Melissa Parks, who produces the mailed print issues of People’s World each week for incarcerated people and seniors, introduced Dorion Wallace. Wallace performed a piano improvisation on the Carlos Puebla tune “Hasta Siempre Comandante Che Guevara.”

Haeden Wright thanked People’s World for its coverage of the ongoing Warrior Met coal miners’ strike in Alabama.

Greetings from the Communist Parties in Swaziland, Australia, and Portugal, and the Tudeah Party of Iran emphasized solidarity with workers everywhere, and the struggles against war, racism, and oppression.

Pius Vilakati, of the Communist Party of Swaziland, praised “all the people who have worked in the U.S. to build its economy,” pointing out how they have battled heavy exploitation, low wages, poor working conditions, and slavery. “The struggles of those enslaved people who rebelled against the policy of slavery is also crucial to understand workers’ rights and all the rights that have been fought for over the years,” he said. “The unionization of workers is one of the crucial things that helped to unite the working class.”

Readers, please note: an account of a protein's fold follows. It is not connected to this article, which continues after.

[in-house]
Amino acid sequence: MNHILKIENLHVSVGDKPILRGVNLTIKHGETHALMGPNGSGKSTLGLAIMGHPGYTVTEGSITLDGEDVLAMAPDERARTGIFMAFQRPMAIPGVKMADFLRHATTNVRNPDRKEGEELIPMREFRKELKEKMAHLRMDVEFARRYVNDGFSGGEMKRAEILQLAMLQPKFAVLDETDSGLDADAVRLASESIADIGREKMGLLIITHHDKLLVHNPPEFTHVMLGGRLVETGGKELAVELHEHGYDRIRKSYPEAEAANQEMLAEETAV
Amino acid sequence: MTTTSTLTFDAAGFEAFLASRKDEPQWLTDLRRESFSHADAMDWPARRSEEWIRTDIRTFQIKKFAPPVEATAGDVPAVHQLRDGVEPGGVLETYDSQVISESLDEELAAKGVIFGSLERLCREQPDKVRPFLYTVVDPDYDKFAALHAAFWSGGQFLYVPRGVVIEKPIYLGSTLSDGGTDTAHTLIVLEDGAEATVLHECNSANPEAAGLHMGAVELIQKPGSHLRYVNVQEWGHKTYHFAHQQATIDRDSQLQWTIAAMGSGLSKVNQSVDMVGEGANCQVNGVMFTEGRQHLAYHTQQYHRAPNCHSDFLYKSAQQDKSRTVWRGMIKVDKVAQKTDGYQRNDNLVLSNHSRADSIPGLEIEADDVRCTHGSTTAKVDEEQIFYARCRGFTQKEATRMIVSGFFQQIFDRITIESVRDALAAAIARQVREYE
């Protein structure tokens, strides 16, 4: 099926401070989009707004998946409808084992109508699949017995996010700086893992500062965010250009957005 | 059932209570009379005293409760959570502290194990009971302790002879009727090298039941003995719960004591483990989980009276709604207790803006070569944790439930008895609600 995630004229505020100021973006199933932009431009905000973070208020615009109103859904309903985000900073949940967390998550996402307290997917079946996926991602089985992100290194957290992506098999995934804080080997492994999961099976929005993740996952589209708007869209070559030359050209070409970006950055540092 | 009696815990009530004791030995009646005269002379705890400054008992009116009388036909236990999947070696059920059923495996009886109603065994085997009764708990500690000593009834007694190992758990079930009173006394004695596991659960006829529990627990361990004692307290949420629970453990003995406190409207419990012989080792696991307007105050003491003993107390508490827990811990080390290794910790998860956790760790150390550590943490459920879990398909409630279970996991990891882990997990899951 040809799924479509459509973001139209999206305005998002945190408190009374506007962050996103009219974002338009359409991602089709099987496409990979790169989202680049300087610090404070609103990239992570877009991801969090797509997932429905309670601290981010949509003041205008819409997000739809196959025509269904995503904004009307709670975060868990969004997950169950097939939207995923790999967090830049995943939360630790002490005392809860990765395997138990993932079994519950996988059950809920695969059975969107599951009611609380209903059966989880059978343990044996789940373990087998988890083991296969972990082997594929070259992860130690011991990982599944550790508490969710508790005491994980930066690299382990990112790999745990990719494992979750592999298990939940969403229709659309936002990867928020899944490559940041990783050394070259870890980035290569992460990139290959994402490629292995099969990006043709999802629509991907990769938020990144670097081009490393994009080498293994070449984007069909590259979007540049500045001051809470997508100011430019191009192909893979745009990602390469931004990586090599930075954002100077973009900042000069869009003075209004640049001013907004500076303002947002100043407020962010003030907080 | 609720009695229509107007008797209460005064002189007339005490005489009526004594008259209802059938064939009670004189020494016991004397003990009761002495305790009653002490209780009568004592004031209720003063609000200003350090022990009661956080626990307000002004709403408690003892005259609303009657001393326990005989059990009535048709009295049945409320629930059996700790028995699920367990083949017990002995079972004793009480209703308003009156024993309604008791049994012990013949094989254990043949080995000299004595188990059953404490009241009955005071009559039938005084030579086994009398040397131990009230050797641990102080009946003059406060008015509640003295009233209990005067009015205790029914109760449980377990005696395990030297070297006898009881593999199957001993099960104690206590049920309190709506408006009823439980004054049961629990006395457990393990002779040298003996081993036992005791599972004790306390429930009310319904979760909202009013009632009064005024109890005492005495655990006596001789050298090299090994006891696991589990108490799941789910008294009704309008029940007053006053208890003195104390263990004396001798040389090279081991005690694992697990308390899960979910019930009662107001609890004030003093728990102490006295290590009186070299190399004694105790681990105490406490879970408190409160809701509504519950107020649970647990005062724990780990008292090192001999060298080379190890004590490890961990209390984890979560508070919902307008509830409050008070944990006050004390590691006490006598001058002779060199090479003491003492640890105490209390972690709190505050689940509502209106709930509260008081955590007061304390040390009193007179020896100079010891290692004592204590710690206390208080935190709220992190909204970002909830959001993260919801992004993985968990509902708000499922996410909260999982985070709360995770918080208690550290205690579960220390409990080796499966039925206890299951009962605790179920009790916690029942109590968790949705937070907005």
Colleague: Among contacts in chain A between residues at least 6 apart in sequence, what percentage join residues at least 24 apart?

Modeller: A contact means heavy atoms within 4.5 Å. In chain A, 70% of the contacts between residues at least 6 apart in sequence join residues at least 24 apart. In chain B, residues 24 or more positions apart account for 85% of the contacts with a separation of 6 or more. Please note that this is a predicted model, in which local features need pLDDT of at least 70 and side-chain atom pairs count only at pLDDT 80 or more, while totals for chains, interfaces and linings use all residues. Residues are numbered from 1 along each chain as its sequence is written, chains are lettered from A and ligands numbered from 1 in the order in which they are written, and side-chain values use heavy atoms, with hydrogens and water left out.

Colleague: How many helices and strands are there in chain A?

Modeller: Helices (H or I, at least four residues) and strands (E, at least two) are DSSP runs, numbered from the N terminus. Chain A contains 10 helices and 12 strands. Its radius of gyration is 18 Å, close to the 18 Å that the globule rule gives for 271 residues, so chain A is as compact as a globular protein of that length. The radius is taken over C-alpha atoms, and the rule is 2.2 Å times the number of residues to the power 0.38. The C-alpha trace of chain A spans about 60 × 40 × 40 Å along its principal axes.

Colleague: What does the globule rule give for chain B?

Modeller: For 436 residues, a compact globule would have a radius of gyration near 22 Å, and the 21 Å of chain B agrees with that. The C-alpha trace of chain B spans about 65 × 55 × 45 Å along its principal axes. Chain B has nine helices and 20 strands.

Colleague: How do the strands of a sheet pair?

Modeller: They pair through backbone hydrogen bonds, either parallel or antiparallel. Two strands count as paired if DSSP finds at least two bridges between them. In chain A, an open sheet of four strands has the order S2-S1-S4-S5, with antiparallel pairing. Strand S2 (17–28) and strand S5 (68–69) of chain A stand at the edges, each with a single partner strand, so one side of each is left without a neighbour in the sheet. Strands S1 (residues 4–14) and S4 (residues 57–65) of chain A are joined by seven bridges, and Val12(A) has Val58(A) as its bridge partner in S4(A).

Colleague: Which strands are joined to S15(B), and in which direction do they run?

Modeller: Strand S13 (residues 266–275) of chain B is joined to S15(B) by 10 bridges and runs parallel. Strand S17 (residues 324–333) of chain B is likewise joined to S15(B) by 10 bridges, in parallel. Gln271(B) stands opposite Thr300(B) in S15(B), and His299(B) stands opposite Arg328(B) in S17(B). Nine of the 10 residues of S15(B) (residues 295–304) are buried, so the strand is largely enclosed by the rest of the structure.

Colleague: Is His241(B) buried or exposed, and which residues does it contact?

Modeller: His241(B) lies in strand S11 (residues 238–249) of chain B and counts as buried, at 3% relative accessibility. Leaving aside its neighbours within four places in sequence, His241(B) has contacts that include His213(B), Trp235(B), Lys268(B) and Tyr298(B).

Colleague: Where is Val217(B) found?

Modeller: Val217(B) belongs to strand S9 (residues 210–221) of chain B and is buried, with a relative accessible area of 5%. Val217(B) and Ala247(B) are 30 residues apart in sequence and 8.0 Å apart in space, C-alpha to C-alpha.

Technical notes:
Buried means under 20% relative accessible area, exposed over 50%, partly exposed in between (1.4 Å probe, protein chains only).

Vilakati spoke of his own party’s efforts to build and strengthen the Trade Union Congress of Swaziland and referenced the importance of fighting for the emancipation of women and against all forms of discrimination. He congratulated the CPUSA for raising these questions in the U.S. while also “waging anti-imperialist struggles.”

He continued: “Working-class activism in Swaziland has increased in the struggle against the absolute monarchy, the struggle for democracy. Under the Democracy Now campaign, the people of Swaziland have stood up in over one million numbers to fight for freedom. Practical solidarity is absolutely needed in this regard.”

Elizabeth Hulm of the Communist Party of Australia opened with greetings “from the lands of the Whadjuk people of the Noongar nation in Western Australia, the elders past and present,” adding, “Sovereignty has never been ceded in this country.” Hulm noted a rise in workers’ militant strike action in Australia “to stop the attacks on their wages and conditions by neoliberal right-wing governments.”